Sleeping bag suggestions

Hi, im doing a grand traverse of the berg next month and the temperatures are already starting to worry me.

Im not entirely sure on what sleeping bag to get, i was going to get an entry level one with a thermal bag liner but now im worried that wont be enough.

Previous experiences in the berg had me cold in the summer so im a bit concerned.

Also im not swimming in money so i cant afford the top of the range ones that are 4k upwards, budget friendly is key

Please help :upside_down_face:

When you say temperatures are starting to worry you, what temperatures are you expecting?

Im not sure but seeing the weather conditions currently one can only assume and prepare for the worst.

Average temps in may range between 3 being min temp and 20 being max from the little research that ive done.

But ive been in summer where temps were 1/2 at night so theres no rules when it comes to the berg?

So im just looking for what other people would suggest when it comes to sleeping bags and liners

You might even consider getting a used bag.

Check the third to last (at time of this post) post.

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Just enquired, they both sold

Thank you

Not sure if this response is helpful or not, but fishing for ideas before I pull the trigger on an expensive bag.

  1. Remember that Comfort Temperature is the thing to be looking at. not the other two whimsical numbers.
    With that in mind whats the temperature youre sleeping in?

  2. The Ground pad at altitude is almost as important as the sleeping bag, make sure youve got a good one

  3. Tips and tricks for when youve got the wrong gear…

  • I found that silvered foil (like car sun shade material) under the sleeping mat was very helpful adding some extra heat (silver side up)
  • Digging a shallow 10-15cm trench where you sleep adds significant warmth done this in the Kalahari (unexpected cold snap) and Kruger sand river beds (improperly prepared)
  • Put your feet and as much of your body in the sleeping bag inside your rucksack. Sometimes wearing your boots inside the bag helps, sometimes not, but wear save one pair of socks for your hands.
  • Put your clothes on, but at some point in the layers they provide more insulation filling air spaces in sleeping bags, or under sleeping mats.

My Quandary:
Im looking at buying a Down sleeping bag from Poland (The lightest down bag) and Im not sure which to go with, Im thinking Temperature rated 2˚C (465g) rather than -1˚C (575g) a lot of me thinks go for the lightest available. for the 3˚C difference on paper, but that equates to 100g more down, which seems like a big difference - 300 vs 400 for 4˚C temperature gain. Its a lot of money for weight and space savings… Im not sure if Im there yet financially!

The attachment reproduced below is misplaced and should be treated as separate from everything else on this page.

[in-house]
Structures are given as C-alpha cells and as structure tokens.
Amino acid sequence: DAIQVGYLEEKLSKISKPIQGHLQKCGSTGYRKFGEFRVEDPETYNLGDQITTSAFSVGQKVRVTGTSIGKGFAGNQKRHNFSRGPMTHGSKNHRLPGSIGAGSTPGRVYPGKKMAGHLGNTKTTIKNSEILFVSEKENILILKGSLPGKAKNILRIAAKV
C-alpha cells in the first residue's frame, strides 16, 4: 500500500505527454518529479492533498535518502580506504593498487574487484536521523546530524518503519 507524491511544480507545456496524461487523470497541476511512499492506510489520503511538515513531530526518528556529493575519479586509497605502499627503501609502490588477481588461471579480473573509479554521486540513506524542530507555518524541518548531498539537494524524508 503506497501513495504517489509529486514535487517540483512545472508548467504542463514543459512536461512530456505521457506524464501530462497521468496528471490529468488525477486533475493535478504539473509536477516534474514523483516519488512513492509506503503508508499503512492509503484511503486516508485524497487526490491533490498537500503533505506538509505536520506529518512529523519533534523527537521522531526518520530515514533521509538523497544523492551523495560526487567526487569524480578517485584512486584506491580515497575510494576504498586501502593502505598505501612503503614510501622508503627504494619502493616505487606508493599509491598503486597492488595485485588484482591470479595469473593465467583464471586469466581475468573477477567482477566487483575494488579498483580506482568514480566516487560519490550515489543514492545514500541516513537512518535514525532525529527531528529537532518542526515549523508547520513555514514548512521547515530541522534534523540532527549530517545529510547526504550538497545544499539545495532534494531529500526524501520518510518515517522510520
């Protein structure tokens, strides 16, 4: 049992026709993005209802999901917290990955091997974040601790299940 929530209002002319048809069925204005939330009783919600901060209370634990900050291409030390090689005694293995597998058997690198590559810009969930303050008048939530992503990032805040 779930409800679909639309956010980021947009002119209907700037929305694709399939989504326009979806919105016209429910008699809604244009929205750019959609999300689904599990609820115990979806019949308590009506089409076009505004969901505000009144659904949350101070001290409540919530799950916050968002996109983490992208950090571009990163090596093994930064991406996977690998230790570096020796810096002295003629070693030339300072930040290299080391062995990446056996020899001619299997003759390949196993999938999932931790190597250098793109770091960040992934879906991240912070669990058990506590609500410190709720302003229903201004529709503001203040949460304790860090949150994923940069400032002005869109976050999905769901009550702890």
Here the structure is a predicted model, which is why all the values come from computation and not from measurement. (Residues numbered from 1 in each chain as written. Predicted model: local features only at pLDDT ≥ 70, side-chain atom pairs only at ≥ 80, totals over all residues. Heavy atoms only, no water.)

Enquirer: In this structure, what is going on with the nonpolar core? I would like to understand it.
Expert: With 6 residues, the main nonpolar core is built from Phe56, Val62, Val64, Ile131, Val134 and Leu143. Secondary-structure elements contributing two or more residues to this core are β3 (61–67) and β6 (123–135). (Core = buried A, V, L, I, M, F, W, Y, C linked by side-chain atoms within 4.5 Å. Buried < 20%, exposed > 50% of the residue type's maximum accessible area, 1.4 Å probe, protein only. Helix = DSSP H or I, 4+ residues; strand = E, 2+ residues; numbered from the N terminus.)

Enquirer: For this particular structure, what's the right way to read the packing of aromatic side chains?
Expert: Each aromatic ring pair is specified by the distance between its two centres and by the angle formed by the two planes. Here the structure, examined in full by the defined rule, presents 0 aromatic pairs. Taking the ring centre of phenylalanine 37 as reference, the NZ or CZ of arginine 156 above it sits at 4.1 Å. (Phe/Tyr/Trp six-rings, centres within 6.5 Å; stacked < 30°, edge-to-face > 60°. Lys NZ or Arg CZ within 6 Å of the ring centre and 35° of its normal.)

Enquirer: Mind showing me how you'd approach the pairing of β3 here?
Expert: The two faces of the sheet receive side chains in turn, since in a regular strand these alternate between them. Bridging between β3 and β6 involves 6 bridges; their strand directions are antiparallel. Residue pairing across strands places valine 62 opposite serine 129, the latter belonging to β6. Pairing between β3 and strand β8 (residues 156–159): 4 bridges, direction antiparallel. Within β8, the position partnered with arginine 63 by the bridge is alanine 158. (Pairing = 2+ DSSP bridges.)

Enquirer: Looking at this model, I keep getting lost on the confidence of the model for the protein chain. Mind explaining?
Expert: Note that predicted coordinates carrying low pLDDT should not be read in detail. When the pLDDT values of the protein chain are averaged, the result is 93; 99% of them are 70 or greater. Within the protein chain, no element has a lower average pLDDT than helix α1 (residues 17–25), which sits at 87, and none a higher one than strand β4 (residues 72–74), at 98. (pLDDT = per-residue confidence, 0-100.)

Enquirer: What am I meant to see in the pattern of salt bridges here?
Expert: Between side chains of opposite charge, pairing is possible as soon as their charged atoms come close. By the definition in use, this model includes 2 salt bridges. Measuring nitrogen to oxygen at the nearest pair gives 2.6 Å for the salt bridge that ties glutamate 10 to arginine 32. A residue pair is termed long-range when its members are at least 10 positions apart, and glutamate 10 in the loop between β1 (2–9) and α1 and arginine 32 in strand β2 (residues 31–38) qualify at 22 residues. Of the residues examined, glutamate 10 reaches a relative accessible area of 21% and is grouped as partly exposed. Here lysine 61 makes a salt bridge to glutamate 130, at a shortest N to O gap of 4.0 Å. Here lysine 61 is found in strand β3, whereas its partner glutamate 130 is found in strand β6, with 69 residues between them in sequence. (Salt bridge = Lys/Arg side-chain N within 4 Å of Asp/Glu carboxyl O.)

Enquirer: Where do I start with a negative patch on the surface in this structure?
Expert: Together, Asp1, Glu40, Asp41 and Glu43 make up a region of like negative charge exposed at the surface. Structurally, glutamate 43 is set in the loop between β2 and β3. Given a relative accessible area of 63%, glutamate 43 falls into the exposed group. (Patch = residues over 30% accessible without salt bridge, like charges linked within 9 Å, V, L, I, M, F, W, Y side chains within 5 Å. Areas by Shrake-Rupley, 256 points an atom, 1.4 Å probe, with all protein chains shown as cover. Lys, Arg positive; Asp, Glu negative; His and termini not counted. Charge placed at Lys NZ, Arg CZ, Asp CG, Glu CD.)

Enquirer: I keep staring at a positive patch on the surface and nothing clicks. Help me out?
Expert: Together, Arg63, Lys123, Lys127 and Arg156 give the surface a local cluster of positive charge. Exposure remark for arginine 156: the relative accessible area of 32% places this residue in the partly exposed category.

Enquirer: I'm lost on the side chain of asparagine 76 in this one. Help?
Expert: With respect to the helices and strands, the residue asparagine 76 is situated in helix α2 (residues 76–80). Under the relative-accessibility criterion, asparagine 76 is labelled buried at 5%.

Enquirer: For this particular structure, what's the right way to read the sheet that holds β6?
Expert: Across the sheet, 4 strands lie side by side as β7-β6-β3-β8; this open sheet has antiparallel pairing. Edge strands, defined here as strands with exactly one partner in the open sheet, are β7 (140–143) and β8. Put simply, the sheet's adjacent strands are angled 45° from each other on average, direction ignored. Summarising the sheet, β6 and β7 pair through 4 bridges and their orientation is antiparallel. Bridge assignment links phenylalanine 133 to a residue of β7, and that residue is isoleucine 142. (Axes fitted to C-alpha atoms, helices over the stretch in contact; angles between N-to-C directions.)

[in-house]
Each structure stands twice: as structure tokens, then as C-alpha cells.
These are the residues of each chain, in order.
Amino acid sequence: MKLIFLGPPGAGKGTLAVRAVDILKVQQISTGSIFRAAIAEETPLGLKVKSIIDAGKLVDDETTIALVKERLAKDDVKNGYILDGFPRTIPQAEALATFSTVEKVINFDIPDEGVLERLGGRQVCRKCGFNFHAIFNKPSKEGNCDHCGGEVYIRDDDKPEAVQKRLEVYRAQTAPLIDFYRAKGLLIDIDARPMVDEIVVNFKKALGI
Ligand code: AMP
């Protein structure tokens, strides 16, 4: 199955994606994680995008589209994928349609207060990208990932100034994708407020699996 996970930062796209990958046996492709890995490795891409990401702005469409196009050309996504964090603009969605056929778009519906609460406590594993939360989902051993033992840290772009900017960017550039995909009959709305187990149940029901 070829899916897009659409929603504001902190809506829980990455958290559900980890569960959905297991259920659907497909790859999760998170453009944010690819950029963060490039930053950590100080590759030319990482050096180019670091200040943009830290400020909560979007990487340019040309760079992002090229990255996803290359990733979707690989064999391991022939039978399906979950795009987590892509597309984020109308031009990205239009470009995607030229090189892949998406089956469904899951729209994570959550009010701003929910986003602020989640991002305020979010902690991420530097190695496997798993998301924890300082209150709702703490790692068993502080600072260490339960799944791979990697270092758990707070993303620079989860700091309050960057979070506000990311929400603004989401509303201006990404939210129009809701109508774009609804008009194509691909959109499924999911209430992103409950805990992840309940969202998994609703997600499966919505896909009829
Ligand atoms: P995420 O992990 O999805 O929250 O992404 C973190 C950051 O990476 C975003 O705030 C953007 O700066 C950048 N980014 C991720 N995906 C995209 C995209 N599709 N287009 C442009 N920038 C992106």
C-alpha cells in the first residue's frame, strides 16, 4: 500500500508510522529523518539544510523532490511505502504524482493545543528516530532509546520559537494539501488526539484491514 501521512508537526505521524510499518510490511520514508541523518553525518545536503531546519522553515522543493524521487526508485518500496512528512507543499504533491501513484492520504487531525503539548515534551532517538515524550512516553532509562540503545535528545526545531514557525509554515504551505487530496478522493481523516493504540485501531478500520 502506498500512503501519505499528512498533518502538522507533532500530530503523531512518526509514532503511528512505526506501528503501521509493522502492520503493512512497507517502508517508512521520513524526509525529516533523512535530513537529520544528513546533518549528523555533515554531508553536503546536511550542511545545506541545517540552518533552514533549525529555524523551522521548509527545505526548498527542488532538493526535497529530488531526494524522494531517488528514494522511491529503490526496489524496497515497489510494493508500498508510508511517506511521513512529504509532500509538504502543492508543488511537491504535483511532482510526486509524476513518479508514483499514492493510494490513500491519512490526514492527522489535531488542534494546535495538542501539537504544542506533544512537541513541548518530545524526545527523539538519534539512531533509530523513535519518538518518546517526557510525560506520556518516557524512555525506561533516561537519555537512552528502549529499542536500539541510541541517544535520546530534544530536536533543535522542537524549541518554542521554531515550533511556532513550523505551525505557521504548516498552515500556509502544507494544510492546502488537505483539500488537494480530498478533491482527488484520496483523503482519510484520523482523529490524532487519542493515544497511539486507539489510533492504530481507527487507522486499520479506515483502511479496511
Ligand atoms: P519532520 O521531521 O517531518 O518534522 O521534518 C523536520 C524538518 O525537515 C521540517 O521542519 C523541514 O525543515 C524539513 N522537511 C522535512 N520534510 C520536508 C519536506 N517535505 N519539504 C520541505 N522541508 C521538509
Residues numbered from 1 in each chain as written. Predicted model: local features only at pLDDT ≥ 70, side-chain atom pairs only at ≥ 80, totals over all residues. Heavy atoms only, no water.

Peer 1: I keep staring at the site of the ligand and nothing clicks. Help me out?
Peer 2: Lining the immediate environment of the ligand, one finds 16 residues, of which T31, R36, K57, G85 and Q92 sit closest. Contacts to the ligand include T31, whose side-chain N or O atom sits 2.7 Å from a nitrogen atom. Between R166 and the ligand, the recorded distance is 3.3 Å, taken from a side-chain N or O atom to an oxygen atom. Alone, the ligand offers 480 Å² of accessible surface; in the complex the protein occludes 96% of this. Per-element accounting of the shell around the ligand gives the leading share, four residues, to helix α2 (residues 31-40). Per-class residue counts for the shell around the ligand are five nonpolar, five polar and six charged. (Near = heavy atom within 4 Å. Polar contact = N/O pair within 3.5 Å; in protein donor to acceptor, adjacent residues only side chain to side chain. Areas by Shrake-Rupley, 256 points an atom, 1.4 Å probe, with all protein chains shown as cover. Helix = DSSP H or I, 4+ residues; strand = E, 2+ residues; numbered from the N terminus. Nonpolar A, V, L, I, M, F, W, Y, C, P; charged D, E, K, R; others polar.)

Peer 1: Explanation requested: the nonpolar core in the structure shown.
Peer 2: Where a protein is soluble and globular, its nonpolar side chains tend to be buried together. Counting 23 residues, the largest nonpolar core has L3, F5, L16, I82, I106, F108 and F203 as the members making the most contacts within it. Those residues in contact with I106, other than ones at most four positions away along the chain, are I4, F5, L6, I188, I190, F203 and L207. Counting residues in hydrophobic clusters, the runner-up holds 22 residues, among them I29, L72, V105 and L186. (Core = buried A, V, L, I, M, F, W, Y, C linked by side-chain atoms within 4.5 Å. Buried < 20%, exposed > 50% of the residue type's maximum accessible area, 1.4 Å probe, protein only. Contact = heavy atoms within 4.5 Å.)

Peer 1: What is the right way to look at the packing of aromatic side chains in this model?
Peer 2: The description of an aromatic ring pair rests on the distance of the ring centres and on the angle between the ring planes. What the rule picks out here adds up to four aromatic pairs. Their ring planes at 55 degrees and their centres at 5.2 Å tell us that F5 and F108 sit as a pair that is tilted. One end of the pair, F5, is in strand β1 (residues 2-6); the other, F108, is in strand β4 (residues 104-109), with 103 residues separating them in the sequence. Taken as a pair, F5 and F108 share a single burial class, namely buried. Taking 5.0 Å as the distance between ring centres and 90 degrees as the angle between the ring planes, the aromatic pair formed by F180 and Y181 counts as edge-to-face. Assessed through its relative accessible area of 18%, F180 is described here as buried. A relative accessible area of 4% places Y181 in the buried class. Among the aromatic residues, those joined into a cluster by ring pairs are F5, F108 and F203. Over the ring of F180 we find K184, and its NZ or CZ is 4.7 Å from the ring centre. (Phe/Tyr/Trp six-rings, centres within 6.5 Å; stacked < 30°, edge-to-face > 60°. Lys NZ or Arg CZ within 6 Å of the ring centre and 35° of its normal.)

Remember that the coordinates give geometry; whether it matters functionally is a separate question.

I can highly recommend a Hexvalley down sleeping bag. 1 kg and comfort rated to -3 degrees C. Their website isn’t much to look at but they’re very responsive over email. The down they use is far superior to any of the other local brands, using 550g of 850+ loft down. This gives you a light ,warm and compact sleeping bag for only R3.6k. As per the other posts in this thread, a sleeping bag is only part of your sleep system. Get an insulated sleeping pad, with an R value of at least 3. Consider the First Ascent insulated? I wouldn’t go with the JR gear sleeping pad, it failed on me and wasn’t that warm, currently very happy with Thermarest.

You can pretty much experience any type of weather in the Drakensberg, any time of year. For this reason there is literally no difference between my simmer and winter packs, except that in summer I carry a tent (I don’t like getting wet) and I buvvy in winter. Oh, and if rain is predicted I might pack some rainpants.

Whatever bag you get, make sure it can go down to around -8 deg C and lower. Coldest I’ve experienced was -14 in a tent. I use a TNF Blue Kazoo. At 1,4kg for the 3xtra length bag, it’s rated at -10. Your cheaper (but heavier) alternative is an Icebreaker (First Ascent). Decent, but warm (-8). Started hiking with the Icebreaker in the berg, nothing wrong with it.

You can invrease your warmth levrl by sleeping in a bivvy bag, or in a tent, especially if you share a tent. More BTU will make up to a 5deg difference in average, I’ve read. Bivvy bag keeps wind out and as its a small space you can heat up the air nicely.

Having a cold night is not fun. Besides being dsngerous, it will leave you fatigued. Take a warm bag.

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The First Ascent Ice Breaker and a Thermal Liner will tick a lot of boxes for the GT.

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The issue here is not so much the 100g of weight, it’s just that the warmer bag takes up another 1l of space.